Teens and social distancing

26 May 2020

Interview with 

Liat Levita, Sheffield University

TEENAGERS

TEENAGERS

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The social isolation of lockdown can feel tough at times. And adhering to the guidelines is important in order to protect ourselves and society. So how well are we sticking to these measures? Sheffield and Ulster University have recently announced a survey of just over 2000 teenagers, asking them exactly this, along with questions about their wellbeing and resilience, their support networks and how much they understood why the measures were implemented. Katie Haylor spoke to author Liat Levita about the preliminary findings...

Liat - About 40 to 50% of the people that filled in our surveys felt more anxious and worried since the lockdown. And we also found a really interesting association between how people feel and how they actually engage and are able to follow these guidelines. The more anxious people were, actually the better they were in material to the social distancing guidelines. And the more depressed they felt, the less compliant they were. Where it goes into clinical levels of anxiety and depression, that's something else, but I'm talking about the normal range of anxiety and depression and changes in mood that we all feel.

All these behaviours that we now need to engage with are actually often quite new to us and they require effort. So if you're in a low mood, it's very unlikely that you will be motivated to actually perform them. With anxiety, remember the main point of anxiety is to protect us from harm, so it's actually a motivating force to do something that can prevent a negative outcome.

What we found with young males is that they didn't think it was worthwhile to the same extent as other respondents in our survey to actually follow the guidelines. So if you don't really feel that there's a point for you to do something, you're not going to do it. And that's exactly what we saw. Male individuals, especially older young adults, age 19 to 24, were the least likely to adhere and comply with the lockdown and social distancing guidelines.

Katie - Before we split the gender, how are teens doing in general, according to your survey, in terms of following the social distancing guidelines?

Liat - I would say that about 40% are actually doing really well. The younger you are, the better you are, so you should absolutely be applauding and patting yourself on the back. But that means that 60% are not doing such a great job overall. Something as simple as washing your hands every time you come home from the outside, 60% of our respondents didn't actually do that every time. And likewise other types of behaviours in terms of keeping a distance, washing their hands more regularly than often, again, similar types of numbers were not actually following the guidelines in a consistent fashion.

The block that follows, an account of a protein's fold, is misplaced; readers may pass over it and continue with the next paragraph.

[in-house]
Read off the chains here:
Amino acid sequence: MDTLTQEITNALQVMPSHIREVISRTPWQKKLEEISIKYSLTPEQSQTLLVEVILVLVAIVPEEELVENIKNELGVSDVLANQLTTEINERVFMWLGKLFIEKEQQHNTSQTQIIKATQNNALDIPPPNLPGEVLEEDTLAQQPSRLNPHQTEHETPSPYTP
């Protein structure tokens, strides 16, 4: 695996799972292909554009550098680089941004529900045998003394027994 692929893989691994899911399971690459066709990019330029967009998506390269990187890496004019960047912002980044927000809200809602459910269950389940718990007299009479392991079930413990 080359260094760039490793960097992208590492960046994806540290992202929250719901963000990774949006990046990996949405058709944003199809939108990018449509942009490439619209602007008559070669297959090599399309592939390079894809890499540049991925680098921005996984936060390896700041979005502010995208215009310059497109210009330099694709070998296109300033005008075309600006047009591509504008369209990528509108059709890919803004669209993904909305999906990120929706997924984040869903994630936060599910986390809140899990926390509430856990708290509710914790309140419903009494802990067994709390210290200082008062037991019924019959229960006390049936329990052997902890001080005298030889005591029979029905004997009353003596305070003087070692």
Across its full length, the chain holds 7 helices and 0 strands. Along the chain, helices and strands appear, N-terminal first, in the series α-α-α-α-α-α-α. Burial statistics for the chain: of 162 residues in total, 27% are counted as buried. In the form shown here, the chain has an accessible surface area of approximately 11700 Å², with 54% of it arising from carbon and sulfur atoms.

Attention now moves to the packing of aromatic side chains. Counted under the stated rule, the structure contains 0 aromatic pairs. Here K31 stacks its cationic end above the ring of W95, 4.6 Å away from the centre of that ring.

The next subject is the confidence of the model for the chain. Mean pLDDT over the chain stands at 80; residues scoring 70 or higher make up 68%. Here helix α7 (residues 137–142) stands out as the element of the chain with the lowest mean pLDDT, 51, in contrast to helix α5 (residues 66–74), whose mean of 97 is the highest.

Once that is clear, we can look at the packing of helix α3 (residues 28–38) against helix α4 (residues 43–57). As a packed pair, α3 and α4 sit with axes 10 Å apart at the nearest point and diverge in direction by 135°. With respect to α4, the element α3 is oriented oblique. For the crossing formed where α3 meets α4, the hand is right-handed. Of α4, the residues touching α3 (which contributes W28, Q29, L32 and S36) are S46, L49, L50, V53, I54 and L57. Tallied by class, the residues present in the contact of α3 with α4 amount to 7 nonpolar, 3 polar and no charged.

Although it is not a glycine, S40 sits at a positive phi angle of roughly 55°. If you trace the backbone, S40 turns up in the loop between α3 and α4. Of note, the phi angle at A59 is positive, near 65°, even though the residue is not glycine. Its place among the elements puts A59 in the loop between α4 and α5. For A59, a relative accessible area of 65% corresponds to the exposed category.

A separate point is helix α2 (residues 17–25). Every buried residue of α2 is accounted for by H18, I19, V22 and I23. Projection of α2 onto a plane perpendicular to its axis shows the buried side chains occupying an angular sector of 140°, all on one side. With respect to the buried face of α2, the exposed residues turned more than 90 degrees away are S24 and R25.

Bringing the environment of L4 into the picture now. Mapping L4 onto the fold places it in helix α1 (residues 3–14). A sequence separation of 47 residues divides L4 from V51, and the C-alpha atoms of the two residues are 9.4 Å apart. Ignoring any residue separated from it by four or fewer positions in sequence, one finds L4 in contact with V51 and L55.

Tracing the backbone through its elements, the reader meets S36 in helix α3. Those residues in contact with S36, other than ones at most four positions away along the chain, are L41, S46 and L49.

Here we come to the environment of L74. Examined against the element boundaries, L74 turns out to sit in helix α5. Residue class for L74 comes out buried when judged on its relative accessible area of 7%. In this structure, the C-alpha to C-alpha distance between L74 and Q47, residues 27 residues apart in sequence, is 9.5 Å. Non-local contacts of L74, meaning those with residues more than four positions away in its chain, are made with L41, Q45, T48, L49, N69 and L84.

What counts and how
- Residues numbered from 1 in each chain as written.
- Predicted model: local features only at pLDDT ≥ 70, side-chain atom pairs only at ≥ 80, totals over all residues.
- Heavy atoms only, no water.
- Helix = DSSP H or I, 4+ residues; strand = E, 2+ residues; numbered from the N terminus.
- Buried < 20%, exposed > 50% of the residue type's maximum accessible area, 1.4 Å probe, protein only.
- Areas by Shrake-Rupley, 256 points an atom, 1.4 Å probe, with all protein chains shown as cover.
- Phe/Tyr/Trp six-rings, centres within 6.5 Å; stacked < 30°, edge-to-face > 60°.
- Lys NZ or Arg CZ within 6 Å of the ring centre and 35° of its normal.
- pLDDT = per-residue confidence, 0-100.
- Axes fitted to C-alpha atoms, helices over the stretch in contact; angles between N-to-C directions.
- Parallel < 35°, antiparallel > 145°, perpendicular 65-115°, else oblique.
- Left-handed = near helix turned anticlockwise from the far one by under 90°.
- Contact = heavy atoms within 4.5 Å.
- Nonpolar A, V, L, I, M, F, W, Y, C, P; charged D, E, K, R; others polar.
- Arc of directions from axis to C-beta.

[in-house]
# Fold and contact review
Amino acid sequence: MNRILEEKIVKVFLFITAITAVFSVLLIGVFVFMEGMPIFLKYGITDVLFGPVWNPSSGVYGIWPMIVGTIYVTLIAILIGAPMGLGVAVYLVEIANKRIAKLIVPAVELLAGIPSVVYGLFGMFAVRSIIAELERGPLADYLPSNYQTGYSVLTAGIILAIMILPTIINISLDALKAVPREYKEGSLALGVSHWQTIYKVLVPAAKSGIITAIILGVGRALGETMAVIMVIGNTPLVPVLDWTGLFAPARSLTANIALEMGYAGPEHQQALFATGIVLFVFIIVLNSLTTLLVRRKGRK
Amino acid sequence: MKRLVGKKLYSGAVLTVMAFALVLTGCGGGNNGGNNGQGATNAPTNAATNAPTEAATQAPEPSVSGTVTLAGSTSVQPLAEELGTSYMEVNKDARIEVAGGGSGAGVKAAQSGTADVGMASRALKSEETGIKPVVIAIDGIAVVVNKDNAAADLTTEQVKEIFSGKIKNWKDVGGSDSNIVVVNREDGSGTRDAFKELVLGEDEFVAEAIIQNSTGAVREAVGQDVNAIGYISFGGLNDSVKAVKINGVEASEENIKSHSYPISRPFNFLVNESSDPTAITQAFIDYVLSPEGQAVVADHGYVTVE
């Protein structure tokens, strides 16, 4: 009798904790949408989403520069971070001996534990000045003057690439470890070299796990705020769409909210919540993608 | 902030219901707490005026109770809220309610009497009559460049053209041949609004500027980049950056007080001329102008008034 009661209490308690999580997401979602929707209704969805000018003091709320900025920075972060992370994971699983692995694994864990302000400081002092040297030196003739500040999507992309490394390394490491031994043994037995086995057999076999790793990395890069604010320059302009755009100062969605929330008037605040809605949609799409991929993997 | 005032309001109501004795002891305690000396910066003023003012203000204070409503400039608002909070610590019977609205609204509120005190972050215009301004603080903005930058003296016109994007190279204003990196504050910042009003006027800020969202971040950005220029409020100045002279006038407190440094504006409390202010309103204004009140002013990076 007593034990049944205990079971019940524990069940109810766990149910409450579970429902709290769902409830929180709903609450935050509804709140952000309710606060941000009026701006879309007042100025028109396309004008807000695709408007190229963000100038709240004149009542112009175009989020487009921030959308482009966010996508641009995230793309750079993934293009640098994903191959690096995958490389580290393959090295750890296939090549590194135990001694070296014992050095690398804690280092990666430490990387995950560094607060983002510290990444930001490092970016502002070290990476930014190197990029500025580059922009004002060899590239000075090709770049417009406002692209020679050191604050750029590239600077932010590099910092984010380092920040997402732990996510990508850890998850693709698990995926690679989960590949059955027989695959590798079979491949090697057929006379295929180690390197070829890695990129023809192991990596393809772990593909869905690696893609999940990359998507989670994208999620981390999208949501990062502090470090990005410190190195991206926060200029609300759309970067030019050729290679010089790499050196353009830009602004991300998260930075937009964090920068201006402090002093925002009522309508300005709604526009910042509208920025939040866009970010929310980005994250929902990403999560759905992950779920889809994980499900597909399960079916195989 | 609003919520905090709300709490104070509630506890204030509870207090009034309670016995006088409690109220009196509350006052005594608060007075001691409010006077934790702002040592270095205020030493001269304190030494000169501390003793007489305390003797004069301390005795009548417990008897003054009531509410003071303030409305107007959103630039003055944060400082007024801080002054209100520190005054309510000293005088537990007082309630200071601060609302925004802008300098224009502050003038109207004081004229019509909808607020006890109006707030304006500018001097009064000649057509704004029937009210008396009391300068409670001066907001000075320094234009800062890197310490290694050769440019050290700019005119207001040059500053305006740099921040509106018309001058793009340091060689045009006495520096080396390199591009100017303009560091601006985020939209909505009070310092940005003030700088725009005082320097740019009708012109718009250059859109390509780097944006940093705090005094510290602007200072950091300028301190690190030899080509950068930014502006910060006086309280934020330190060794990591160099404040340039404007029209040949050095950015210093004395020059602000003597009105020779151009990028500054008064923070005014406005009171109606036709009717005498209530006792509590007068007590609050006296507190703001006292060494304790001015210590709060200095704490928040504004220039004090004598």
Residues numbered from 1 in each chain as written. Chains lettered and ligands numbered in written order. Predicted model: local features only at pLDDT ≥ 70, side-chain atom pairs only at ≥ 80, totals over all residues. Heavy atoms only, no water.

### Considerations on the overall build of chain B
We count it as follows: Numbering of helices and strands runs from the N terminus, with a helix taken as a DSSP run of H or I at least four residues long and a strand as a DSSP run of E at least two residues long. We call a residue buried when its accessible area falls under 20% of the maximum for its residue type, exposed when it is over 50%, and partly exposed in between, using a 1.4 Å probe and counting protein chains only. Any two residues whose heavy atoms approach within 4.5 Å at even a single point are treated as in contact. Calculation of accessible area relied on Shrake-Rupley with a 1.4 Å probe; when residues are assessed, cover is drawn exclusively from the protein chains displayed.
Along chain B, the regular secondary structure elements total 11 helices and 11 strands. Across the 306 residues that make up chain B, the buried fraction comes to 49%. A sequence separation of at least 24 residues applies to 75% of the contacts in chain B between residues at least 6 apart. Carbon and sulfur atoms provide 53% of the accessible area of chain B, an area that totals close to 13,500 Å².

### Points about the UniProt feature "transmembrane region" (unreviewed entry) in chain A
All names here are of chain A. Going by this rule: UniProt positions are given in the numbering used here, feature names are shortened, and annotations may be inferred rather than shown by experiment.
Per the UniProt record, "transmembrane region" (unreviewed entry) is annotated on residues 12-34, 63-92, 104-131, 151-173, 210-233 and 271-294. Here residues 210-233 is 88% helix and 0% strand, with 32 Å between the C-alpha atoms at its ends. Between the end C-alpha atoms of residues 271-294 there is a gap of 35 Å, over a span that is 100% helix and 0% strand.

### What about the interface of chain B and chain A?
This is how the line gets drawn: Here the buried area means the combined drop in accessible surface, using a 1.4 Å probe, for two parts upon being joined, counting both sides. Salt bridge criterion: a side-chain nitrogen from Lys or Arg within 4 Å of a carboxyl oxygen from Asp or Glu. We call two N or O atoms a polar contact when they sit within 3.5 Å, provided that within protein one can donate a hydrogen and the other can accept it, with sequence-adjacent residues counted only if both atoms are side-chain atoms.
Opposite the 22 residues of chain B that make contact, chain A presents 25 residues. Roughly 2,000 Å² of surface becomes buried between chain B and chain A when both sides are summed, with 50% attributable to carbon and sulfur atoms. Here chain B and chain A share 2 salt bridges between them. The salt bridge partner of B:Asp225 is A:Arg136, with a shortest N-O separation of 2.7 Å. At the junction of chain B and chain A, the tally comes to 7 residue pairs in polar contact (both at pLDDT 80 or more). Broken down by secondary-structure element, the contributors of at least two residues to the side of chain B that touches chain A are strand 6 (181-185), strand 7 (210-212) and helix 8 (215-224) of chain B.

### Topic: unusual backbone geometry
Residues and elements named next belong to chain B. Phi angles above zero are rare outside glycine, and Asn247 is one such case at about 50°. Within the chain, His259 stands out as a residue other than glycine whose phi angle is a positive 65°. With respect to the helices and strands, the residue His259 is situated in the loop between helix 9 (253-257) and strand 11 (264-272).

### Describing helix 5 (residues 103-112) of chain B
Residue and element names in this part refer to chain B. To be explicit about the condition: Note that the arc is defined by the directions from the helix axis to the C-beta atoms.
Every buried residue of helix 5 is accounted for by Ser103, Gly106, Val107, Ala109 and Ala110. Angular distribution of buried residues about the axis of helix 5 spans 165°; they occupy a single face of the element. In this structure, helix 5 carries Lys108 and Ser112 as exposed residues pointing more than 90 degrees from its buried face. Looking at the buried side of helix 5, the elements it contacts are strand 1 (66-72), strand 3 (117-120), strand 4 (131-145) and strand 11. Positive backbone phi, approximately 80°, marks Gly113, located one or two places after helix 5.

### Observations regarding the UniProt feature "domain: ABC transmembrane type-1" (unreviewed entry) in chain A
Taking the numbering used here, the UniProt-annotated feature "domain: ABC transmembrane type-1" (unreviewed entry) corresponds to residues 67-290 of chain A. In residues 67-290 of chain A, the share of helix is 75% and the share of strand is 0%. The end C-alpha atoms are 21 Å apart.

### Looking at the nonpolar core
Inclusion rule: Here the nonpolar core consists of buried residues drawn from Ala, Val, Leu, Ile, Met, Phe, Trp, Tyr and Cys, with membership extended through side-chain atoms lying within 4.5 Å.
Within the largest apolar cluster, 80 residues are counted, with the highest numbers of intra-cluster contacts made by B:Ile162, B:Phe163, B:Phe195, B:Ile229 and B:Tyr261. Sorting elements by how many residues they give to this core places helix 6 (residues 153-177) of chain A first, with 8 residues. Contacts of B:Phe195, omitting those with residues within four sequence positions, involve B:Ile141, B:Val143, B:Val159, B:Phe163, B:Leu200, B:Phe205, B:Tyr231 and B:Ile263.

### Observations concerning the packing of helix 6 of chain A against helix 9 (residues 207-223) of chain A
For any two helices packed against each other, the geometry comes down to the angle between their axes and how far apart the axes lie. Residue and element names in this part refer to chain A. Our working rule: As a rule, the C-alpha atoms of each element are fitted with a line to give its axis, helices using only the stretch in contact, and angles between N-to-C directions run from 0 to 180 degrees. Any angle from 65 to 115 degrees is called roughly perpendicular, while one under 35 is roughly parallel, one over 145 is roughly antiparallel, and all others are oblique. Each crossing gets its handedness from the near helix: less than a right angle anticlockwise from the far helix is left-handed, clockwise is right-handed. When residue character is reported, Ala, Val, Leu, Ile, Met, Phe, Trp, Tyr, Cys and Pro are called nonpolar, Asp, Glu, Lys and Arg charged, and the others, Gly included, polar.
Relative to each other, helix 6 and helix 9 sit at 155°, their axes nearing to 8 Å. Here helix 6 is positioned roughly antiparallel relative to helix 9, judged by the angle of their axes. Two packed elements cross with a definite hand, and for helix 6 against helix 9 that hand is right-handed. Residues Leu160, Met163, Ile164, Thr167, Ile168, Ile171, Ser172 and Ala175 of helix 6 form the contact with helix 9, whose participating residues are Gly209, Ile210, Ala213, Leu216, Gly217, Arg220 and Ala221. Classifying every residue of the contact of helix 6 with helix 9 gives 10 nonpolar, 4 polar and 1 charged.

Katie - Why is that?

Liat - It requires effort and thought. All of us as a society are now having to adapt. Young people actually are thinking and processing information in a different way and that could affect the degree by which they're able to engage with this and maybe the speed where some of these behaviours are becoming habitual. And we also need to think about the environment you find yourself in.

Katie - And why the gender difference?

Liat - Many studies have shown that males tend to take more risks than females. And remember I'm talking about averages here and of course there are huge individual differences within that. But overall males tend to take more risks and are highly influenced by their peers in terms of the type of risk taking behaviours that they do. So their risk taking behavior during the time of the pandemic and the fact that they're engaging in more risk type behaviour in terms of exposing themselves to the virus and exposing others, makes sense. They are not really thinking about the consequences as much as females their own age. And there's also another interesting difference in terms of developmental trajectories between males and females.

Katie - I guess peer pressure must play quite a significant role in this?